Fleeing the City

For this week’s post, I ventured out of the city to celebrate a 60th birthday and hang out with my cruise buddies. For those of you who are saying “but you don’t look a day over 55”, you’re right, it wasn’t my birthday – and I’m 47 so thanks for that:) We spent a couple of lovely nights outside of Cobourg, and then I headed north of Parry Sound for a couple of days.

The joy of being away from the city is that the night sky is fully visible without the glare of the city lights. I went out on Monday for an hour becuase the night was amazing, but was eventually chased in because it was a wee bit chilly.

I was taking shots that had the camera open for 30 secs at a time which let a whole whack of light (a technical photography term) into the camera. What resulted, was an image we can’t even see with the human eye. While it’s completely out of focus, I’ve kept the picture below to show you the huge amount of stars that hang over our heads every night.

oct-1-of-12

50mm – f1.8 – 30secs – ISO 800

The last time I posted a night picture from out of town, it was the Big Dipper. It made it’s triumphant return in this blog. I loved the fact it was sitting and framed just above the horizon.

oct-2-of-12

18mm – f3.5 – 30secs – ISO 800

The shot above and this one below were taken about 20mins apart and face different directions. The change in the night sky was quite remarkable. Again we have the framing of the cottage to “hold up” the stars.

oct-3-of-12

18mm – f3.5 – 30secs – ISO 800

There was a horse farm about a 25min walk away. My friend Alexis got to visit up close and personal with one of the residents. While I took a number of shots of them together, I wanted to use one where they were interacting with each other.

oct-4-of-12

70mm – f6.3 – 1/4000 – ISO 800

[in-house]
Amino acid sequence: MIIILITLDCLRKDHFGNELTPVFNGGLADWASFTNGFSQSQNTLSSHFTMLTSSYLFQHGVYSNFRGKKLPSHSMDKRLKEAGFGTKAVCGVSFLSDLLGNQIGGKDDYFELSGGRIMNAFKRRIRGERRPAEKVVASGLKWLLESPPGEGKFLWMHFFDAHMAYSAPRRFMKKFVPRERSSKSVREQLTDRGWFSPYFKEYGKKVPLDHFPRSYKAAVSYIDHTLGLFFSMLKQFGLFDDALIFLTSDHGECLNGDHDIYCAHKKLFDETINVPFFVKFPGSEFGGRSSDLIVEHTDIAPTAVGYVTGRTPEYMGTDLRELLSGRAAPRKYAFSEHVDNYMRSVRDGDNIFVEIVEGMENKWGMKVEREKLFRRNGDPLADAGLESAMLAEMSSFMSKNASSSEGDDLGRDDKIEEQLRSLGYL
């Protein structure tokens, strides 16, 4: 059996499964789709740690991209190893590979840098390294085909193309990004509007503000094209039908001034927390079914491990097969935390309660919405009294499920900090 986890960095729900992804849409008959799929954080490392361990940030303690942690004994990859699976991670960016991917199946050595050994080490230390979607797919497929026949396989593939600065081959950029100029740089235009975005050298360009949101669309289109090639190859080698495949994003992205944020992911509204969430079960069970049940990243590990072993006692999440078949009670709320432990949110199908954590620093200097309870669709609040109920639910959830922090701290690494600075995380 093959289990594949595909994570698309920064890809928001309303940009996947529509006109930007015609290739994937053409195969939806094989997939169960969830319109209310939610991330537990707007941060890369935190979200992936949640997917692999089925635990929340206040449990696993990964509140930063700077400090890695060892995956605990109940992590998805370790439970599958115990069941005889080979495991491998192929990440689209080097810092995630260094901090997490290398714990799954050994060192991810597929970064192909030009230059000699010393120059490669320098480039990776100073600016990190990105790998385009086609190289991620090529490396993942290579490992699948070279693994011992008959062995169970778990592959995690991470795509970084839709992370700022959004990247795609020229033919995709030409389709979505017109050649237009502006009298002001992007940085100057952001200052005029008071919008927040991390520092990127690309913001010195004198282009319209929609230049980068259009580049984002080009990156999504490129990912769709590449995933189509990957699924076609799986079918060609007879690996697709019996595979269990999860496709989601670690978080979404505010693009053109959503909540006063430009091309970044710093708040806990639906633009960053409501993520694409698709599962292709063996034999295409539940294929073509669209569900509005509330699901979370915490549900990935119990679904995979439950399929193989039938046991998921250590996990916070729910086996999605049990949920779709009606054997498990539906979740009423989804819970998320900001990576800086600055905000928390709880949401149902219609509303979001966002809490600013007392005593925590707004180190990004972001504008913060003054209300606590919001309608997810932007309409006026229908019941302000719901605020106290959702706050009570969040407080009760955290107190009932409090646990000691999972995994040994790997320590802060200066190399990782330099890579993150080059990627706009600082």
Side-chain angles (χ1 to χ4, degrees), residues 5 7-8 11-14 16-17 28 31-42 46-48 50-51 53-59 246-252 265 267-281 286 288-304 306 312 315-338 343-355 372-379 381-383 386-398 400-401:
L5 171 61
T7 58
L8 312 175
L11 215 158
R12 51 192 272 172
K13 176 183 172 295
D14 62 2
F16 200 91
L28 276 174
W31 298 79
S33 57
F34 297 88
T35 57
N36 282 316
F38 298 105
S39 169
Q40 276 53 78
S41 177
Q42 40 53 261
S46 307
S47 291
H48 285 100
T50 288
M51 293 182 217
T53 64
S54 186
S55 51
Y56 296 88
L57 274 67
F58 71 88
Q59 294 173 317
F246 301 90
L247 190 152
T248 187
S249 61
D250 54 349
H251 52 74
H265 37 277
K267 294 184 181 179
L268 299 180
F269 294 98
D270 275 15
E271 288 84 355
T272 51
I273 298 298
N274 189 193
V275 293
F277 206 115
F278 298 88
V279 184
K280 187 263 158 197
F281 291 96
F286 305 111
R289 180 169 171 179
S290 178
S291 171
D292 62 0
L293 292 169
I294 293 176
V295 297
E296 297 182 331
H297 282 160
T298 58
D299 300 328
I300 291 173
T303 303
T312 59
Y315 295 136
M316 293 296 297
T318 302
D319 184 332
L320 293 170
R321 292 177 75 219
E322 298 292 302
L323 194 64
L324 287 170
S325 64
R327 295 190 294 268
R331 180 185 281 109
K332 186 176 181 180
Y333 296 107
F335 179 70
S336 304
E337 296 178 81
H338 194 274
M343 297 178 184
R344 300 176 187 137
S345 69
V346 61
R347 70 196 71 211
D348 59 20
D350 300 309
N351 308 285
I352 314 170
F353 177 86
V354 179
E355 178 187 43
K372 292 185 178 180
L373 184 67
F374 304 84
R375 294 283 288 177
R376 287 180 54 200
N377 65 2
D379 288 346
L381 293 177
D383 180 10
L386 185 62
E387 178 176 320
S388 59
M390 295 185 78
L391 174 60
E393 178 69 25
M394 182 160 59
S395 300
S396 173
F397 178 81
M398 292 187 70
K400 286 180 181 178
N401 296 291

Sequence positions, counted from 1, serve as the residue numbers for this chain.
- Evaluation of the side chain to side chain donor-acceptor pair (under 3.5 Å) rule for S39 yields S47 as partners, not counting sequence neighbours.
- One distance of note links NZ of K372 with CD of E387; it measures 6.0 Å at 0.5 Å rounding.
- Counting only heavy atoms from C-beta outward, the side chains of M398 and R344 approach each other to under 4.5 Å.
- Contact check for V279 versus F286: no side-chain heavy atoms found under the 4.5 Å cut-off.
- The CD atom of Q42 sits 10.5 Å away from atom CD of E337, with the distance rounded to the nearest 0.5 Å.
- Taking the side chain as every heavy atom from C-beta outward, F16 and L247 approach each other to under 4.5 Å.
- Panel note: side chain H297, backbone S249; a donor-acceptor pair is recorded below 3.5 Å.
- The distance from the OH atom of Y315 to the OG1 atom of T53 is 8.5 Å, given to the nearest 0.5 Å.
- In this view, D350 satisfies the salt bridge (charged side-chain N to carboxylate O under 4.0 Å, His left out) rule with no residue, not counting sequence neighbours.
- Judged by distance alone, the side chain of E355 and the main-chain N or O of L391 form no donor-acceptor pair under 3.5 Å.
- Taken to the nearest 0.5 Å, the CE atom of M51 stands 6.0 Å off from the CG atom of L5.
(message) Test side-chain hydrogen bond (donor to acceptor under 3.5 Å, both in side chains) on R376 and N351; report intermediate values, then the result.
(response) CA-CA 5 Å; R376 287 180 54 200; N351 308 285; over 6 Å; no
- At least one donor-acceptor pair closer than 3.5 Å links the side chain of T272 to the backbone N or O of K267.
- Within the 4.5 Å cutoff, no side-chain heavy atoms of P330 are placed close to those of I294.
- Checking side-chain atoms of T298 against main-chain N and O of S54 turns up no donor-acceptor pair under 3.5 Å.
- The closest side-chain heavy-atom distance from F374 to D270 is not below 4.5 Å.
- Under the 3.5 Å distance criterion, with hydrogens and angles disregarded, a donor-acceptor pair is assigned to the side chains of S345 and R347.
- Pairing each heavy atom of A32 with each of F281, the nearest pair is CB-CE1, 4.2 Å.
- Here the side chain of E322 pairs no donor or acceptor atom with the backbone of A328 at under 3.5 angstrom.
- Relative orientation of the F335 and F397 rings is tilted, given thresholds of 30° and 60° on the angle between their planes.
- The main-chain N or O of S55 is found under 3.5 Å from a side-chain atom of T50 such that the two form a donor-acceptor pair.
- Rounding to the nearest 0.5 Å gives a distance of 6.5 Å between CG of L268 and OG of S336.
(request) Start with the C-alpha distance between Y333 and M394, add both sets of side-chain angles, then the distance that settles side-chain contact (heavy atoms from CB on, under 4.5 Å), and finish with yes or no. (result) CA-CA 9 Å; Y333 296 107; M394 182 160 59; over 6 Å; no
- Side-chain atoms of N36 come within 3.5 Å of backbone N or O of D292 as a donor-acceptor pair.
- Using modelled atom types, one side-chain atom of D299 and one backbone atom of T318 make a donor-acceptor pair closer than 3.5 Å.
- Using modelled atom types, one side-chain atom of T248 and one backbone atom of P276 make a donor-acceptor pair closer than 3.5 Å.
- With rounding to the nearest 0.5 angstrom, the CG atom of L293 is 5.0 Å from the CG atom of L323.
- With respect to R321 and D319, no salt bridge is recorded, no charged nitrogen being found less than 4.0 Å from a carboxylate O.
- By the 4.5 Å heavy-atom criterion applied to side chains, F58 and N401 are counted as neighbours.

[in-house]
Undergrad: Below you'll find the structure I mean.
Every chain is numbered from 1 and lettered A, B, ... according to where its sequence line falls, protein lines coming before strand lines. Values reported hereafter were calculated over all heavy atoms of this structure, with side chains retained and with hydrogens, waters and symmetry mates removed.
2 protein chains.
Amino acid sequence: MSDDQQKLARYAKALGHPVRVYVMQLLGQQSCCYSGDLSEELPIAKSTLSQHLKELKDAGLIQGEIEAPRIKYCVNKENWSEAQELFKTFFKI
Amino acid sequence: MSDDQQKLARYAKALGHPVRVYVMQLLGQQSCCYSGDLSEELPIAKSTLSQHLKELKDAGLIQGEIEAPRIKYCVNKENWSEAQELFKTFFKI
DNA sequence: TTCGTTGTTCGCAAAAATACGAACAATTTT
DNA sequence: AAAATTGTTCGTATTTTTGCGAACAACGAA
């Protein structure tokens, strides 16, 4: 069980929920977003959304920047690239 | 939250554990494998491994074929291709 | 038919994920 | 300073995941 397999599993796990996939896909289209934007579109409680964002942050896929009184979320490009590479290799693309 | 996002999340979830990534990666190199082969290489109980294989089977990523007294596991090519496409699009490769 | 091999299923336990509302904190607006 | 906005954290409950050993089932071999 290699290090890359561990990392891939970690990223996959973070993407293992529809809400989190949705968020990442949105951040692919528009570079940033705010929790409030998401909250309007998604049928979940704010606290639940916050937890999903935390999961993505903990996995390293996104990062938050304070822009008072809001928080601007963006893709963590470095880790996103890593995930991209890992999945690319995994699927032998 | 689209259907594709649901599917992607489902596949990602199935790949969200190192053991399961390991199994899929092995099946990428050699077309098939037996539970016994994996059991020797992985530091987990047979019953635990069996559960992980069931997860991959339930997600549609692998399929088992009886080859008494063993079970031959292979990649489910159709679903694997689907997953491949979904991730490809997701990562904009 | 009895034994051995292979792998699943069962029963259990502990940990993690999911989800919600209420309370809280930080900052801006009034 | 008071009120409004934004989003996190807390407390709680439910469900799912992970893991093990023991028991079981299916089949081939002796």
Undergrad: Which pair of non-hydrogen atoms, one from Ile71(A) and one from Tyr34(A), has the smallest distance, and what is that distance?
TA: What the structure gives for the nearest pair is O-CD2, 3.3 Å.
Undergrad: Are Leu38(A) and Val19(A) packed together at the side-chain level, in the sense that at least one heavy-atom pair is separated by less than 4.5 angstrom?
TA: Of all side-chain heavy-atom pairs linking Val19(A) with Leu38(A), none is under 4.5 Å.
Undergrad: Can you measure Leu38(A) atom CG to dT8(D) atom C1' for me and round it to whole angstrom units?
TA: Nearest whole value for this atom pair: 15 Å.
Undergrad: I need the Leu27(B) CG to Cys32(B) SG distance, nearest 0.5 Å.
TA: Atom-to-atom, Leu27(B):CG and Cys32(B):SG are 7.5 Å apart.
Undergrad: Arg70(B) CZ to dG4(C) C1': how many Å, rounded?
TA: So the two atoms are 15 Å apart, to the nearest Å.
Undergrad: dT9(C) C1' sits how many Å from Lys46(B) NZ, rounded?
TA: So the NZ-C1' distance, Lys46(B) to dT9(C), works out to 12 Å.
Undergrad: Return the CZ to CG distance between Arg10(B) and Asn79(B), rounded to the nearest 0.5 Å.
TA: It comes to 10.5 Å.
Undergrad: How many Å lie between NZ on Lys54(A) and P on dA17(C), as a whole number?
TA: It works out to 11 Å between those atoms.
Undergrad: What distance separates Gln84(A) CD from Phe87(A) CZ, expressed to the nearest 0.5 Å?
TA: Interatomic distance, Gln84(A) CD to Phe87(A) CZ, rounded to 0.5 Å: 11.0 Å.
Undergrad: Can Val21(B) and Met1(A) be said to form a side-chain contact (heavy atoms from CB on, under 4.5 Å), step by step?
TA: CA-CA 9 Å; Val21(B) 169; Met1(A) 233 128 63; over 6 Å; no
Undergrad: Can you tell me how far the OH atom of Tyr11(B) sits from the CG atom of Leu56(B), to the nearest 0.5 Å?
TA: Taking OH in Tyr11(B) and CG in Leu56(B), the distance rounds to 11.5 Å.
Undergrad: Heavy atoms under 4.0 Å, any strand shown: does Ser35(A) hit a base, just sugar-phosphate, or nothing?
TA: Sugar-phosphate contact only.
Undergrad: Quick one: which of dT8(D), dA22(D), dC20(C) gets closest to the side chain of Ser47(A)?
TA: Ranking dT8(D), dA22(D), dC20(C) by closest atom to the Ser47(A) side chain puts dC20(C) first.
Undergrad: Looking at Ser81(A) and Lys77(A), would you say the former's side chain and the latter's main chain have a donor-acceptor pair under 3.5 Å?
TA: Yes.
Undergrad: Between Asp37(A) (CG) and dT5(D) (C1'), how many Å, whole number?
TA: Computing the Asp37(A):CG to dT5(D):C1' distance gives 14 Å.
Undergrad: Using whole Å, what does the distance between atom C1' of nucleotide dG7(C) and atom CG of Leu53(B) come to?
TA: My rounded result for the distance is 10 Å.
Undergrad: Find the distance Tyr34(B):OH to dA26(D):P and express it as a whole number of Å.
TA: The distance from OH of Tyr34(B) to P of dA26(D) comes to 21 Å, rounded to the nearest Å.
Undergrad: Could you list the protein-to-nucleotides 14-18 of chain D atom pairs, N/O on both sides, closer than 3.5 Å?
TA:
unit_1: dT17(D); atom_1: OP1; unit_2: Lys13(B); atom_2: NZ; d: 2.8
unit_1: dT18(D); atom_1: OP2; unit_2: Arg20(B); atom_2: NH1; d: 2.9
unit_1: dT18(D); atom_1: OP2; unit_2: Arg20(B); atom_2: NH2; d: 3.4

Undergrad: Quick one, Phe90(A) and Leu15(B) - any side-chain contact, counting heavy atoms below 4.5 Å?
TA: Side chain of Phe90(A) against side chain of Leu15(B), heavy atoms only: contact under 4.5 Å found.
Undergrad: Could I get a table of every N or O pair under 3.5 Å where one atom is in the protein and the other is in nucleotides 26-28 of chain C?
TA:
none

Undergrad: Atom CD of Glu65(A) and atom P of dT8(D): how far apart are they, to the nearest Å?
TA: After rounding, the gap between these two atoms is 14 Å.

The highlight of this trip was a combination of fall colours and the fall light. The light is much more golden this time of year and this really brings out the colour in the trees. We spotted this tree on our hike back from the horse farm.

oct-5-of-12

24mm – f6.3 – 1/2500 – ISO 800

The light in the afternoons was practically edible. The reds on this bush were fantastic and I decided to get down on my knees so that the angle is pointing up a little more. It seem to give the bush a little more volume this way as it wasn’t very tall.

oct-6-of-12

18mm – f4- 1/400 – ISO 100 – (exp comp -0.7)

This shot combined that lovely golden light with the contrast of a cloudy storm rolling in. I really like the deep shadows and the golden glow.

oct-7-of-12

18mm – f4 – 1/250 – ISO 100 (exp comp -0.7)

With this shot I was trying to create a cozy warm corner (with the Friendly Giant moving furniture in place in my head). It didn’t quite work but I can attest that the chair was very comfy.

oct-8-of-12

18mm – f4 – 1/6 – iso 800 (exp comp -1)

On our way to Parry Sound we stopped in a lavendar farm that had this awesome wood fence outside. I took a number of shots from various angles trying to capture this fence. I finally chose this one as it provides the shape of the fence. Your eye naturally enters the photo at the bottom left and then follows the fence around.